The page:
WA State Director, Stephen Knight, meets Australia’s newest Senator, WA Senator, Ben Small.


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1 We surveyed nearly 13,000 Australians in conjunction with , to better understand the benefits of financial advice. Almost 9 out of 10 respondents who have received advice believe it frees them from financial worry and stress2. At IOOF, we believe in the value of financial advice.

Important Information: © IOOF Holdings Ltd. All Rights Reserved. Bridges Financial Services Pty Ltd (ABN 60 003 474 977, AFSL 240837), Consultum Financial Advisers Pty Ltd (ABN 65 006 373 995, AFSL 230323), Lonsdale Financial Group Ltd (ABN 76 006 637 225, AFSL 246934), Millennium3 Financial Services Pty Ltd (ABN 61 094 529 987, AFSL 244252), RI Advice Group Pty Limited (ABN 23 001 774 125, AFSL 238429) and Shadforth Financial Group Limited (ABN 27 127 508 472, AFSL 318613) are members of the IOOF group (comprising IOOF Holdings Ltd and its subsidiaries). 1. The True Value of Advice research study of 12,643 Australians was undertaken in July 2020 in conjunction with CoreData Pty Ltd. 2. 88% of the 11,615 advised clients surveyed. 21052670AB



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IN YOUR CLIENTS’ MOMENTS OF NEED, WE’RE HERE. During 2020, we paid over $2.2 billion* in claims across our Retail, Group and Direct Insurance policies.


The Financial Adviser 25. Australia Issue Two *Includes payments madeVol by AIA Limited and the life insurance business previously known as The Colonial Mutual Life Assurance Society Limited.

Advice Strategy // BY MICHAEL DOWNEY General Manager Retail Distribution Partnerships, MLC Life Insurance

Encouraging customers to protect their physical and mental health during COVID-19 There’s no denying COVID-19 has re-emphasised the important role life insurance plays in protecting Australians and their families in times of crisis. When someone takes out a policy, they’re given a promise for life – that their life insurer will be there for them when they need it most. Since the beginning of the pandemic, this has never been truer. It has put a spotlight on the importance of good, life-long financial advice. Let me share an example. MLC Life Insurance assessed and paid two claims for customers who were hospitalised after contracting COVID-19. Both were in intensive care for 30 days and needed ventilation to survive. Thankfully, they had critical illness cover to protect them, following engagement with their financial adviser.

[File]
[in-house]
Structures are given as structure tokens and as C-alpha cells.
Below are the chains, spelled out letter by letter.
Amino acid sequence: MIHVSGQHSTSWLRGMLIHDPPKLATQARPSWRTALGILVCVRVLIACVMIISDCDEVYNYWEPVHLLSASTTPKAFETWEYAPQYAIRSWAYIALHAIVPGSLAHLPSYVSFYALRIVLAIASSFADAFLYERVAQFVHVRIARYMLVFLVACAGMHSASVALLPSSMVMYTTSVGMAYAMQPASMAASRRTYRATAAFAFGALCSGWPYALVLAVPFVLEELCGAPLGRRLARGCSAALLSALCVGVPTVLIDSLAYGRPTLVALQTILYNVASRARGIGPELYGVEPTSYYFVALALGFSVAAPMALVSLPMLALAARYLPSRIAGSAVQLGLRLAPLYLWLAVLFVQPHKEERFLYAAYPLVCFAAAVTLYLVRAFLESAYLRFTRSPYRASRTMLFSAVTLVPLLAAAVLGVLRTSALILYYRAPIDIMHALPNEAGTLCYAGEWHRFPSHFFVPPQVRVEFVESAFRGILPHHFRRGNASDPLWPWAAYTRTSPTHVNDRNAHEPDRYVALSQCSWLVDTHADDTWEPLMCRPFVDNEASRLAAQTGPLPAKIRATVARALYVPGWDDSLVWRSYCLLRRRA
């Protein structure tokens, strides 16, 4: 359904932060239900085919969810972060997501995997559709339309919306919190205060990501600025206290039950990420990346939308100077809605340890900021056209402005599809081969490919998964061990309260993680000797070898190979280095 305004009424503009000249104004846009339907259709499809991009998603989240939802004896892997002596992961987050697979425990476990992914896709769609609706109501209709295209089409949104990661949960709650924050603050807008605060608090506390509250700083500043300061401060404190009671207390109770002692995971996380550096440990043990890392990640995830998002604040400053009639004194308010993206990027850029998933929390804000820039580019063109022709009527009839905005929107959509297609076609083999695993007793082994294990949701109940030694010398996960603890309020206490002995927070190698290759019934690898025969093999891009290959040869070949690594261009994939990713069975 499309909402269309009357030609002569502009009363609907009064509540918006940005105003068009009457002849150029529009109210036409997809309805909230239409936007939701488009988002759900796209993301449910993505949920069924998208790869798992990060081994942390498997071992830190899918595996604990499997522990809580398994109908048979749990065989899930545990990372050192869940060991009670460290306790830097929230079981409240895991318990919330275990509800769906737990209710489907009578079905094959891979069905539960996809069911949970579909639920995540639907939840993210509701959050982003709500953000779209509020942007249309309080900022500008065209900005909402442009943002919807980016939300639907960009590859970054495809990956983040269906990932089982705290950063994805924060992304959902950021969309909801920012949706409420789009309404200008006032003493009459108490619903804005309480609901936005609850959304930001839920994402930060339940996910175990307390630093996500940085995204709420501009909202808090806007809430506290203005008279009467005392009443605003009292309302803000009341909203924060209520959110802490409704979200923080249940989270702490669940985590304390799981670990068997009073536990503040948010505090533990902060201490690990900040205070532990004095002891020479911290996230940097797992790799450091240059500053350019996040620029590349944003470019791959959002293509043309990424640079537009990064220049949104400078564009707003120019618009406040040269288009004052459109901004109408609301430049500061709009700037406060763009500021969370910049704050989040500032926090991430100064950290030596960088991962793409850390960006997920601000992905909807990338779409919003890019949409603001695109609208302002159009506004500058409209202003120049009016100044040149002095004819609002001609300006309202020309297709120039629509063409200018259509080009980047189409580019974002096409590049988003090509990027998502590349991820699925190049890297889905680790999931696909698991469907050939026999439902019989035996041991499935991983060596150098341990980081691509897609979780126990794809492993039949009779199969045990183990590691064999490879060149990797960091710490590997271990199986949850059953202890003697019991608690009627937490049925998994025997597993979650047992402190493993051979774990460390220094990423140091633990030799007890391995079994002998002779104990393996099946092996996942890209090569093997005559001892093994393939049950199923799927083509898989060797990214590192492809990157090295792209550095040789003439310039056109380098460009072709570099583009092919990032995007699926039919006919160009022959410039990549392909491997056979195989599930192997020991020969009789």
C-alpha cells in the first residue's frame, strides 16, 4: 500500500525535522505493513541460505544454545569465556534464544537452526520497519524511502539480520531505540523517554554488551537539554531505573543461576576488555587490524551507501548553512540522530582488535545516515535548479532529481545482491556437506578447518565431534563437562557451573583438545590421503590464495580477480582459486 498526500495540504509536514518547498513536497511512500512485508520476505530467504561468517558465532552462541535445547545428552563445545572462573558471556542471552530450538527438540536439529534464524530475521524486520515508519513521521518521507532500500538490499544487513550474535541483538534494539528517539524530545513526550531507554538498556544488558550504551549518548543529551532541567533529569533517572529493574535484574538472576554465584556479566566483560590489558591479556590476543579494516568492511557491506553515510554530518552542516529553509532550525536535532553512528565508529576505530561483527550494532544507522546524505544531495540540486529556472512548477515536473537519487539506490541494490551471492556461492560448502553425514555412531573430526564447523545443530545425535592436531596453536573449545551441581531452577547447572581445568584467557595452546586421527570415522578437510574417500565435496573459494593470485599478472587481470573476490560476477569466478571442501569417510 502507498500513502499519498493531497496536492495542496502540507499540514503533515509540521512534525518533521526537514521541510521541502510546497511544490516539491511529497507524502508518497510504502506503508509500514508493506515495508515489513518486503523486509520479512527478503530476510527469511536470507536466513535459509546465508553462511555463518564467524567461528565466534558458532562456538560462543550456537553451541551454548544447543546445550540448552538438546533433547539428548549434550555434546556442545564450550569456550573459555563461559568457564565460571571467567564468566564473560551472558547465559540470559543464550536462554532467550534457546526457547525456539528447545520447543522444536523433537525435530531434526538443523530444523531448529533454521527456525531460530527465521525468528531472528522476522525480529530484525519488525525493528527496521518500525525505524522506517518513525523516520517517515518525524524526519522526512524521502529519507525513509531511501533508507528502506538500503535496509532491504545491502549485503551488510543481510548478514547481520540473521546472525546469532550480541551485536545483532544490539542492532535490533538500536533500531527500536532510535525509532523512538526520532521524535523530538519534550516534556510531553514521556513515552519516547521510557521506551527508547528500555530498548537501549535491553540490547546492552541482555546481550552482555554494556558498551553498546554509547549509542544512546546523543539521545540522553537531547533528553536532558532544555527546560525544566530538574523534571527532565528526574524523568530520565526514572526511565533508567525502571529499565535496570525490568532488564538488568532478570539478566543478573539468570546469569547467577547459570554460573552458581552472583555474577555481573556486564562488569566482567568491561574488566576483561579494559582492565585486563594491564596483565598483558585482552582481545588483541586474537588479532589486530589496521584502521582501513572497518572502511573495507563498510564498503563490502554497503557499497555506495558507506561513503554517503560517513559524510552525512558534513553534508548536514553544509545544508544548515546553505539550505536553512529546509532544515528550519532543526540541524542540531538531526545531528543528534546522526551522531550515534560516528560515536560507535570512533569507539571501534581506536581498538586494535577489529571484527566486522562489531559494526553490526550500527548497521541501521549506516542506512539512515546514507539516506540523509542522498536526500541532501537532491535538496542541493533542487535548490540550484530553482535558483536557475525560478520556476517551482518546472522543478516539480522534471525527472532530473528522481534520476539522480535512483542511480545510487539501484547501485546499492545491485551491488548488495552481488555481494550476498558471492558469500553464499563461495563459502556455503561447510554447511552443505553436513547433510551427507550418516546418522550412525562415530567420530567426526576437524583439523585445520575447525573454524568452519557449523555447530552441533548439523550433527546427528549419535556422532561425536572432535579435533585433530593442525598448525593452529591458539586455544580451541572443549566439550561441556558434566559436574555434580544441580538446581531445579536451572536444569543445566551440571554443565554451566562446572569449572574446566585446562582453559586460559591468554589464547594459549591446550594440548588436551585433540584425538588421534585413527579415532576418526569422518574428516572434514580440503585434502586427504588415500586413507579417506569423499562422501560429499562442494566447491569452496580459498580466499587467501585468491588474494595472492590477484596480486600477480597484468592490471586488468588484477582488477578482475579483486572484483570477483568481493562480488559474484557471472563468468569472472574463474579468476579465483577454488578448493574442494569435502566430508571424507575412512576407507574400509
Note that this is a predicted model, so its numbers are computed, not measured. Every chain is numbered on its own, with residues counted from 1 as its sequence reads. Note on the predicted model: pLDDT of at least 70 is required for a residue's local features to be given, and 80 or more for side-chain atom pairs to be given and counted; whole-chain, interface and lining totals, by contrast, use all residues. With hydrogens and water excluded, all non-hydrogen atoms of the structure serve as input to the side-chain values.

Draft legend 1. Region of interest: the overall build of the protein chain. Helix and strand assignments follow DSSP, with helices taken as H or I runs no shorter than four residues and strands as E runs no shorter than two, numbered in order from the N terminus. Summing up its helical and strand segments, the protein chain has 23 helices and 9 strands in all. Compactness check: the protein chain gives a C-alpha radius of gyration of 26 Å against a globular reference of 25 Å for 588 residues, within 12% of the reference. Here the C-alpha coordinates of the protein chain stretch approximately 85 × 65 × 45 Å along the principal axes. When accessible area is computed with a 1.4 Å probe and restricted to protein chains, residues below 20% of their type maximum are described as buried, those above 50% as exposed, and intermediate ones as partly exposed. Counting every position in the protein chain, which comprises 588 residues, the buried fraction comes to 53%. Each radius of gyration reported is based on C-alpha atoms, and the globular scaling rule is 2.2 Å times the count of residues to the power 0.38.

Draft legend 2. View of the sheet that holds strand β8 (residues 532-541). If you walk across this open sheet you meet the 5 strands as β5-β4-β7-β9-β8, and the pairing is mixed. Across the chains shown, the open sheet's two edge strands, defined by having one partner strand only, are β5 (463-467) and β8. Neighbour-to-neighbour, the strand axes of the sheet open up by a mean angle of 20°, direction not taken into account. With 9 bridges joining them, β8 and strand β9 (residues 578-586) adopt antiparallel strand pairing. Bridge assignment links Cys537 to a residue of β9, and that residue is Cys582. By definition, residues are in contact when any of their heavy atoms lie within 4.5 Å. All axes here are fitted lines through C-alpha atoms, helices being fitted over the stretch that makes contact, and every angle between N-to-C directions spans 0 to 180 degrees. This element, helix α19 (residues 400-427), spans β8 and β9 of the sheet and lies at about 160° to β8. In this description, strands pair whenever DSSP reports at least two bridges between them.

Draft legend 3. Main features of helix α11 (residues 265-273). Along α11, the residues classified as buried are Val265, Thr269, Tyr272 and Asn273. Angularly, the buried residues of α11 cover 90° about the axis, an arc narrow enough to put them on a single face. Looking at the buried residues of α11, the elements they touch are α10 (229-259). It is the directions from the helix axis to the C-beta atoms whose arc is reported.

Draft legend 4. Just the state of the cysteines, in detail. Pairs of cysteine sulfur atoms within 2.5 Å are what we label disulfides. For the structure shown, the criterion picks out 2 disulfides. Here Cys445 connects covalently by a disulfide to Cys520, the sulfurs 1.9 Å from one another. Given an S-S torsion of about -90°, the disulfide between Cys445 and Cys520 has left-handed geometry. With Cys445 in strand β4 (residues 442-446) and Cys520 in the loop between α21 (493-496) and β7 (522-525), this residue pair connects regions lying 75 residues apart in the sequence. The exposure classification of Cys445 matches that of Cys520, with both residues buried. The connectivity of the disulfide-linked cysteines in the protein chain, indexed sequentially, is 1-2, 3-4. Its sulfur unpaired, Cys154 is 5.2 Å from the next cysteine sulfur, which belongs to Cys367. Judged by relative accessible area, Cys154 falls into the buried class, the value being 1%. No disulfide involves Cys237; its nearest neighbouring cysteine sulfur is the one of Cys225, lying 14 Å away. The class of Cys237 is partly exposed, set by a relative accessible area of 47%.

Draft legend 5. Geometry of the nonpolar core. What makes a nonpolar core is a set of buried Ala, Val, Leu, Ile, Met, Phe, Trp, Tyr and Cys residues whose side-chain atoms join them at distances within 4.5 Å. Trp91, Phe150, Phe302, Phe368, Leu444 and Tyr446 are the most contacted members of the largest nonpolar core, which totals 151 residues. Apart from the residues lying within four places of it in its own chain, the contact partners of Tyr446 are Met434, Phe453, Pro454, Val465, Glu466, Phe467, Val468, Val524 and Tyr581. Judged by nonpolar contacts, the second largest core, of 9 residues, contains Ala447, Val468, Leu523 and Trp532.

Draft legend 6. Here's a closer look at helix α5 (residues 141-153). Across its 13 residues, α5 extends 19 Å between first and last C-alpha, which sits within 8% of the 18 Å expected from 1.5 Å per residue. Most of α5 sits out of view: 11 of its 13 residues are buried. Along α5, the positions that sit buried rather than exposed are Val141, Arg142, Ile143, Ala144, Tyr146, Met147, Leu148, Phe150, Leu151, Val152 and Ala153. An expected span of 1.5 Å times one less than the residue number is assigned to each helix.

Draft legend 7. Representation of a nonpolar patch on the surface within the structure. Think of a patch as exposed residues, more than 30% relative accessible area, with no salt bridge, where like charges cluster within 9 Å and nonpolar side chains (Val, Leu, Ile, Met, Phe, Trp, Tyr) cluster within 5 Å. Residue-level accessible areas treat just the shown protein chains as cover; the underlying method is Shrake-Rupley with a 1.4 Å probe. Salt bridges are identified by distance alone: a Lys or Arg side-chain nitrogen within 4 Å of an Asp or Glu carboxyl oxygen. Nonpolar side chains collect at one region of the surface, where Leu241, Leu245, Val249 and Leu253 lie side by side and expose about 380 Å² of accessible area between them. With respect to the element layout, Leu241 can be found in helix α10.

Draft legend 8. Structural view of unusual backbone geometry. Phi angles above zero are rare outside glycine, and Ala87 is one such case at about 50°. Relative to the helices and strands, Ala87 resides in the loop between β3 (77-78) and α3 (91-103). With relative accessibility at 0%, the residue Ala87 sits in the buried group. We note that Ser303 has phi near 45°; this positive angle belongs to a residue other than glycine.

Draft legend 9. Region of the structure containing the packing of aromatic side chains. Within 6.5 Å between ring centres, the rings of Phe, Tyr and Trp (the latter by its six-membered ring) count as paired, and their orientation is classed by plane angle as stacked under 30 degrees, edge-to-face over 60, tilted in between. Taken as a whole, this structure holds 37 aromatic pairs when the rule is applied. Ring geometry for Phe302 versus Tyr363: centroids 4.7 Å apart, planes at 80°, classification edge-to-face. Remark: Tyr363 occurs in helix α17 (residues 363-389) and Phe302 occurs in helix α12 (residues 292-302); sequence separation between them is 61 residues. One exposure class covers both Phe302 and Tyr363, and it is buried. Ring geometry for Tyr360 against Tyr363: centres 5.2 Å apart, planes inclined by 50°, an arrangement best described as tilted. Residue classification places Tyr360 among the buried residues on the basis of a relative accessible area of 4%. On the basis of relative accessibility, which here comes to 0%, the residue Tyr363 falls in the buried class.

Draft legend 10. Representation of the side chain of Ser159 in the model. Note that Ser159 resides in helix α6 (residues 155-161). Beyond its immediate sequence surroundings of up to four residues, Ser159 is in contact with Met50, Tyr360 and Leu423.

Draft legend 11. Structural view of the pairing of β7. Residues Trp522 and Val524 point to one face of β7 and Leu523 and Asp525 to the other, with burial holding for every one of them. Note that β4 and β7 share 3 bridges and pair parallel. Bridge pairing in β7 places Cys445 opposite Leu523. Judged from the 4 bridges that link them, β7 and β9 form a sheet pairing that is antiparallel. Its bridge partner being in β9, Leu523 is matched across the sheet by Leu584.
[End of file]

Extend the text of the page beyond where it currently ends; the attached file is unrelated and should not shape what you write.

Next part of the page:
appointment experienced a reduction to mild or normal levels after just three months using the service. It is also helping to prevent employee absence from work. While 50% of participants are off work due to their symptoms at intake, 40% of those return to full-time or part-time work by the three-month follow up.

Both customers were also able to use their benefit which is payable when a person is in intensive care and requires continuous mechanical ventilation for 10 days. This demonstrates the flexibility and value of critical illness cover; it’s more than simply cover for strokes and heart attacks. Customers with these products can have peace of mind knowing it gives them financial security during uncertain times.

MLC Life Insurance encourages customers to get the COVID-19 vaccine once they’re eligible. This will protect them and the wider community from the severity of the virus. Doing so won’t invalidate their life insurance policies or impact the ability to make a future claim.